Zoom Pays $85M to Settle the Zoombombing Case
Zoombombing has been interrupting random meetings in Zoom since its popularity peaked, and this practice, not prevented by the company, led to a lawsuit. Now Zoom has to partially refund its users the cost of a subscription, which forms about $85 million together with legal fees.
The practice known as Zoombombing is not the most decent type of entertainment. Since it took only the meeting link of the conference to join it, it did not take an advanced hacker to break into it and start sharing porn, racist, or any other offensive content, just out of love for bullying and disorder. No wonder Zoombombing (also known as Zoom raiding) soon became a real calamity.
Though Zoom took some measures to prevent it, the cases were enough to form a class action. Zoombombing was not the only reason for users to worry about their privacy. Another one was sharing their data on Facebook, Google, and LinkedIn, while users have not authorized Zoom to do so. This resulted in a case that took place in San Jose, where Zoom HQ is located.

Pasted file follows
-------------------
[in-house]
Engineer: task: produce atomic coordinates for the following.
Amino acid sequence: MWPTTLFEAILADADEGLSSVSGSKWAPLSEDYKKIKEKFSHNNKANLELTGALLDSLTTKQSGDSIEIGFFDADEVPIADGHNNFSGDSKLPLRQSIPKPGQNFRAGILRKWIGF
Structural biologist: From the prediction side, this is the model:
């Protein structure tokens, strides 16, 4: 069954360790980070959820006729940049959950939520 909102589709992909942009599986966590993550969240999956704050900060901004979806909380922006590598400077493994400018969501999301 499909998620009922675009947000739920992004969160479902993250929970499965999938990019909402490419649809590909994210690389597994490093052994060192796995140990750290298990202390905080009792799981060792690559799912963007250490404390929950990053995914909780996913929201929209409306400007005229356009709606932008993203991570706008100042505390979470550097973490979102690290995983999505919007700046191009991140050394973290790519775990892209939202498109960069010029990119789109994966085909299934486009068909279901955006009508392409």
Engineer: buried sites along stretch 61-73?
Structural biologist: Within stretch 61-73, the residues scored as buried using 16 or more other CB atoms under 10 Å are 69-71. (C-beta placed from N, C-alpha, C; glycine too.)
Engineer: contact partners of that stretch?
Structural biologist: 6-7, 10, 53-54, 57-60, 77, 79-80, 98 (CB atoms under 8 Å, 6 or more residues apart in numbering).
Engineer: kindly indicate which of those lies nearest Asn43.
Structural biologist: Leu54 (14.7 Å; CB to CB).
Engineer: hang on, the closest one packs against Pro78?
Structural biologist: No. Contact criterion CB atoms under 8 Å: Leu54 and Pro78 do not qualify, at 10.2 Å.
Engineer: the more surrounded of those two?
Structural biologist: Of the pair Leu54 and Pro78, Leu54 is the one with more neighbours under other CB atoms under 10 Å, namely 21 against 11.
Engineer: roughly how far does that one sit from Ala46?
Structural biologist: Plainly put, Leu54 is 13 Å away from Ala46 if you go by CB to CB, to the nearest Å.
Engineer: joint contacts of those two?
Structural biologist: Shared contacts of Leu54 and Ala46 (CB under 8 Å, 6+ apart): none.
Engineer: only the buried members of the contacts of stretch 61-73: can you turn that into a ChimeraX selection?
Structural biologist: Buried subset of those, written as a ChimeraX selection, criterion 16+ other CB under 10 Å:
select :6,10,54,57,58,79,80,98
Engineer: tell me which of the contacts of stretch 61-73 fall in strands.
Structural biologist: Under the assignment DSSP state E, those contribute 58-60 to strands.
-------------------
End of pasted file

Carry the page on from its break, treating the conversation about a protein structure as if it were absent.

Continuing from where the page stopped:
The lawsuit resulted in an agreement according to which each user who subscribed to the class action would either receive $25 or 15% of the subscription expenses, whichever is larger. Other users would receive $15 as compensation. In addition, Zoom will pay more attention to improving security and privacy. For example, the measures will include notifying conference members that hosts or other members use third-party software.
While US District Judge Lucy Koh has yet to approve the settlement, chances are this will satisfy all the parties. Hardly will the outcome undermine the current prosperity of Zoom, given that its user base (and thus revenue) has grown manyfold during the lockdown time. Still, it’s a powerful reminder to never neglect security and not to play with privacy.